Politicians in the past often talked about marriage being the bedrock of society, and marriage certainly was the norm. The number of solo parents was a fraction of what it is today, and the concept of a couple having children without being married was almost foreign. In fact for many couples they married specifically so they could have children.
We seem to be in a very different world today. Personally I'm still a believer in marriage, and I am typing this from an apartment in London, as I have travelled to the UK to attend the wedding of one of my mates. I love seeing a couple commit to remaining together until death do them part.
But the statistics out last week from Stats NZ show marriage continues to be in decline, perhaps terminal decline. The marriage rate is now barely higher than the divorce rate.
In 1975 the marriage rate was 36.9 and the divorce rate was 6.6, so around four-and-a-half times as high. In 2010 the marriage rate had fallen to 12.5 and the divorce rate was 10.2. This is slightly lower than the peak divorce rate of 17.1 in 1982. I wonder why it was so high that year - maybe it was arguments over the Springbok tour?
You can see the dramatic decline in the last 35 years. And as older generations die off, married couples will become rarer. In the 2006 census, the poportion of the over-15 population who were married dropped below 50 per cent for the first time.
Not all of the decline is due to people not marrying. Some of it is because people are marrying later. The median age 30 years ago for men (first time) was 24, and today it is 30. Women have gone from 22 to 28.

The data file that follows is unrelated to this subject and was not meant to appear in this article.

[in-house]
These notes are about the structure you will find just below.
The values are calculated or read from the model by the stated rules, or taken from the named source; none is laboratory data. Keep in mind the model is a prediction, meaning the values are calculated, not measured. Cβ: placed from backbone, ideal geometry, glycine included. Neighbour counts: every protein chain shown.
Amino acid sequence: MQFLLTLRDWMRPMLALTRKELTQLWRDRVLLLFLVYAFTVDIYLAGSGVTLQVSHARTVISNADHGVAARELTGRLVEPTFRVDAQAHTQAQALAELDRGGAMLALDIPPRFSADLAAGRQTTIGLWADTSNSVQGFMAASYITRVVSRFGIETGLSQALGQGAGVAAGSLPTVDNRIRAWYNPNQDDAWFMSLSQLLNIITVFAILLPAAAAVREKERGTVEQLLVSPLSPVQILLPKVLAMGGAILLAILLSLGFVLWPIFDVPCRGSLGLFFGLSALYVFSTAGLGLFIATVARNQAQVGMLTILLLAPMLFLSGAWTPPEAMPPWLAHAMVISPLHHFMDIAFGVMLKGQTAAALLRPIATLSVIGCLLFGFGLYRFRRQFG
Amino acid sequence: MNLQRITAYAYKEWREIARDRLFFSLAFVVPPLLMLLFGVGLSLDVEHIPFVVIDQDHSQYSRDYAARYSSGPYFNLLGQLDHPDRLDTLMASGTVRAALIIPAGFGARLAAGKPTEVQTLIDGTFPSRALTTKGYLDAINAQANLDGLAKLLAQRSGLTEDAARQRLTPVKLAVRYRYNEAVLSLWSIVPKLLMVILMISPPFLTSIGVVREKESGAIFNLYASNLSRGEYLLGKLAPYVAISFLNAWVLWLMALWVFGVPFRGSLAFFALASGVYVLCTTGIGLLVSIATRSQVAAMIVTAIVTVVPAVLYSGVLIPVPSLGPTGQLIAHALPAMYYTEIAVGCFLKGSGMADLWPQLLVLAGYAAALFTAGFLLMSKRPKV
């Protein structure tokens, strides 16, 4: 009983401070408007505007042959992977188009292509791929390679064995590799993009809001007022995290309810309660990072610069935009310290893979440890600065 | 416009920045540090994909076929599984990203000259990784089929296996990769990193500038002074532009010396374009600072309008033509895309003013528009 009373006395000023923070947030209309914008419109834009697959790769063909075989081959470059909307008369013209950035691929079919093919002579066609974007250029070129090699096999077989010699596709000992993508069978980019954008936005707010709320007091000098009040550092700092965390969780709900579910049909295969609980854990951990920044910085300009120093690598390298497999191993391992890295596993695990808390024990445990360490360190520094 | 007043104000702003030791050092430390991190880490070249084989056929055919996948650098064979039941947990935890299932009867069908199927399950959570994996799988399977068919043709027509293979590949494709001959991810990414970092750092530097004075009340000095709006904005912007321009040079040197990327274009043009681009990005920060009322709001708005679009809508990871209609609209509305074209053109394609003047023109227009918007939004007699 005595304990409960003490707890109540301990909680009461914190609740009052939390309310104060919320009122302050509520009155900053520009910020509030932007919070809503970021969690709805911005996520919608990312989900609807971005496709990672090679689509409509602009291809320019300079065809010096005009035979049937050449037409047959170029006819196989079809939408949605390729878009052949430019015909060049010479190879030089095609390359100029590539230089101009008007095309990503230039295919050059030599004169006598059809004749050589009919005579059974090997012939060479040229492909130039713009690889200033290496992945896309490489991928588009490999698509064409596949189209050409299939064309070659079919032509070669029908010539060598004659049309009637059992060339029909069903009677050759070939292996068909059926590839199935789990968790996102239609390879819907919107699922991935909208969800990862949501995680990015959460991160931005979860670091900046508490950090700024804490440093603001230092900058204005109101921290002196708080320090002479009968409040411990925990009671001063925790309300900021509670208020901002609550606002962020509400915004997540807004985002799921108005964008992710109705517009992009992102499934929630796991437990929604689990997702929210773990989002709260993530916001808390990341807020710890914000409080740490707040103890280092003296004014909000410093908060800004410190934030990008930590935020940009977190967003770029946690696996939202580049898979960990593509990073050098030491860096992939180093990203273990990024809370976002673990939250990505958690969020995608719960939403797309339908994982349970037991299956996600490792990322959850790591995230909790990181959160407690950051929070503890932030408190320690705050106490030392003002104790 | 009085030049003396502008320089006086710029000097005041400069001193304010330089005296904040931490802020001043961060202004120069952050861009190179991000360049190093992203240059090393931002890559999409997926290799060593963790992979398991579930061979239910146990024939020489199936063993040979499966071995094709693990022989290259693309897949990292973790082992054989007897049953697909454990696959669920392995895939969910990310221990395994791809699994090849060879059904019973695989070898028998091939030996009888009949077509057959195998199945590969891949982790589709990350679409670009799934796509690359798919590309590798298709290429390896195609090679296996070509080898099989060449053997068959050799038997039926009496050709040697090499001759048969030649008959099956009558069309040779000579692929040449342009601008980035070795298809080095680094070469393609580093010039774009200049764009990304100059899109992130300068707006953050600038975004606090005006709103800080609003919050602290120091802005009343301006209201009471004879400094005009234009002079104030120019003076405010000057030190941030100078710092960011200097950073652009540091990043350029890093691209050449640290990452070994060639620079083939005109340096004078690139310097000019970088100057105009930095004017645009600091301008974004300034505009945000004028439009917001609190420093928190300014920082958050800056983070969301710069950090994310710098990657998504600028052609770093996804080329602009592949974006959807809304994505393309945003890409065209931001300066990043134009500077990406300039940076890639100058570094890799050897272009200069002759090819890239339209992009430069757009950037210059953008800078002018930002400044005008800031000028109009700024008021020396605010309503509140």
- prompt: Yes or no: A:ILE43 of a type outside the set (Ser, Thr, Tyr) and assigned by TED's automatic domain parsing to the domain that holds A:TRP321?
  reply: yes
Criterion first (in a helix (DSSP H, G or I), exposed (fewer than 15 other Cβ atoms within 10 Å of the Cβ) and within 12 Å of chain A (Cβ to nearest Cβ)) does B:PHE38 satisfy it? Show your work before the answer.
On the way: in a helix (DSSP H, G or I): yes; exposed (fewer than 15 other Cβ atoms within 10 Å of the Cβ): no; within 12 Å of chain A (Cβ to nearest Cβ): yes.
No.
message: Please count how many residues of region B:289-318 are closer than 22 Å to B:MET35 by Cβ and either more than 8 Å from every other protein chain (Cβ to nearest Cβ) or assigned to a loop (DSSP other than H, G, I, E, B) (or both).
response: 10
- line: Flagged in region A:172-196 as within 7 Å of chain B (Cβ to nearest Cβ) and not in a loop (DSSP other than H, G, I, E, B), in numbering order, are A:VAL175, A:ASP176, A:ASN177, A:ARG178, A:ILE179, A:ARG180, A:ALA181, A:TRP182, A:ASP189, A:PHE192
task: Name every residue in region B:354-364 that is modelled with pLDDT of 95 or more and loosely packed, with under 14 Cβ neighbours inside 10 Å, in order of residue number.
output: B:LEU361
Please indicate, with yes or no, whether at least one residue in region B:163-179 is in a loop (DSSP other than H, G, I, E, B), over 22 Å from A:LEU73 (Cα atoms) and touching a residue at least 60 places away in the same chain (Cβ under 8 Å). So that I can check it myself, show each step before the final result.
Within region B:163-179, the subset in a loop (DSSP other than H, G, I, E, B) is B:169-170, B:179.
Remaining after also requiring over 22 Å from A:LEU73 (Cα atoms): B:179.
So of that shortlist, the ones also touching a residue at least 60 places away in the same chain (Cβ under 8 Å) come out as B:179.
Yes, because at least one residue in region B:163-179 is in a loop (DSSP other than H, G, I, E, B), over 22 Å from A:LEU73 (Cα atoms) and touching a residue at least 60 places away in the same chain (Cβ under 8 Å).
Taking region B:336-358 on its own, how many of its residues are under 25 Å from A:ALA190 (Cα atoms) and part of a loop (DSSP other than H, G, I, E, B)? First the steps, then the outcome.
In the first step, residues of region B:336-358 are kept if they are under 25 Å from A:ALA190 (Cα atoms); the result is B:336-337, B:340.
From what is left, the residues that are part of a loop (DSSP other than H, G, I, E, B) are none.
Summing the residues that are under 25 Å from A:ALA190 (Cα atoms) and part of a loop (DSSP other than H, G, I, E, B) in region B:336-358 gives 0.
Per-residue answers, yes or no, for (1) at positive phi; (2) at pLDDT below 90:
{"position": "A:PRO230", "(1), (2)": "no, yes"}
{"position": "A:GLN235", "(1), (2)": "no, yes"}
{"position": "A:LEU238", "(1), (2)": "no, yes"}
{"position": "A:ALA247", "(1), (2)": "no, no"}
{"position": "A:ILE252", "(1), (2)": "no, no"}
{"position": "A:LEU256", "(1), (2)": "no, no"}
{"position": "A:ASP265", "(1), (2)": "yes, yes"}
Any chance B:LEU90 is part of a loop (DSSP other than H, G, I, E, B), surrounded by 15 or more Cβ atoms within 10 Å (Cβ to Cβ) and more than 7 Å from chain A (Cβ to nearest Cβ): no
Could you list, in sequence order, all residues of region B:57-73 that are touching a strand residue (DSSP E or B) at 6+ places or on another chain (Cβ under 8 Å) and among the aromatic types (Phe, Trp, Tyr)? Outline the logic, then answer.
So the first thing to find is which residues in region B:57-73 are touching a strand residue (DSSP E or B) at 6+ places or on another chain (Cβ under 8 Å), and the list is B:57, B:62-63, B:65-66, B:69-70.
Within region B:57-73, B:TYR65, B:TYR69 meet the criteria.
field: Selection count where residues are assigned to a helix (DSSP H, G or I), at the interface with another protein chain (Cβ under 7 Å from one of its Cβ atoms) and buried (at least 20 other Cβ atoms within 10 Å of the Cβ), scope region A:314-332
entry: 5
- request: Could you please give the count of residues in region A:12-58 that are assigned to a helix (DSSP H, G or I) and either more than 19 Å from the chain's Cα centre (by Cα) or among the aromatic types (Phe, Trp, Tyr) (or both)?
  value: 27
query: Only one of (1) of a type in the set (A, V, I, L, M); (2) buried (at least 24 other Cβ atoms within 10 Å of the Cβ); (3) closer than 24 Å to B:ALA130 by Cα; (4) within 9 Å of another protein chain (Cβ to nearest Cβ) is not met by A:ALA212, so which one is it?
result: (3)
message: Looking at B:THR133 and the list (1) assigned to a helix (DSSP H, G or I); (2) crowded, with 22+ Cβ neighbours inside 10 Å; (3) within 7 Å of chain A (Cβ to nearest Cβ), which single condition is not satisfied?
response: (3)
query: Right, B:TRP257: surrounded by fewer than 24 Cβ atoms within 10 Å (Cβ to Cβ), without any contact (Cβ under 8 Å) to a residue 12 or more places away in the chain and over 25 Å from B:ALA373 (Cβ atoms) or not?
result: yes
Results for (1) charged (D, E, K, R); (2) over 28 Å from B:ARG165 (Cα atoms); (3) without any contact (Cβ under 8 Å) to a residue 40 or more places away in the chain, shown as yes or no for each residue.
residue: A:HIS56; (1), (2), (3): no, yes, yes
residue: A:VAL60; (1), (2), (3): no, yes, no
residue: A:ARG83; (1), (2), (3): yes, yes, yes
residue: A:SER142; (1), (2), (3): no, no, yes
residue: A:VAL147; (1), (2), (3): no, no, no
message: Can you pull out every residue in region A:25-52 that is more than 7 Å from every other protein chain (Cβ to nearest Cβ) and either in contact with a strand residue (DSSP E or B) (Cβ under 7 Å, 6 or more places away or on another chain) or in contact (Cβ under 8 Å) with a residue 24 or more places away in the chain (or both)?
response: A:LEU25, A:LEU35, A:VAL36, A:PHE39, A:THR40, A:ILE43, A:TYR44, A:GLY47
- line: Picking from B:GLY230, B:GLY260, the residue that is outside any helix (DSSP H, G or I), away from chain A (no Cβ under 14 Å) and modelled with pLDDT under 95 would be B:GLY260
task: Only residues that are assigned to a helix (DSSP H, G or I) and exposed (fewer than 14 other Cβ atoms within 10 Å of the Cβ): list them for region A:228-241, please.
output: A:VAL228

Despite the declining marriage rate, it is interesting that very few prime ministers have not been married (at least when elected). John Key is married, as was Helen Clark, Jenny Shipley, Jim Bolger, Mike Moore, Geoffrey Palmer and David Lange. Lange did seperate in office, but just before he resigned as PM.
Further back Muldoon, Kirk, Marshall, Holyoake, Holland, Fraser were all married. The last unmarried prime minister of New Zealand was Michael Joseph Savage, elected in 1935.
Is it just coincidence that no unmarried MP has become prime minister for 75 years? Would an unmarried MP struggle to be elected prime minister today, or would people not care? In the United Kingdom, Ted Heath was elected in 1970 and it didn't seem to be a big deal. Would it be here?
David Farrar is a centre-right blogger affiliated with the National Party.
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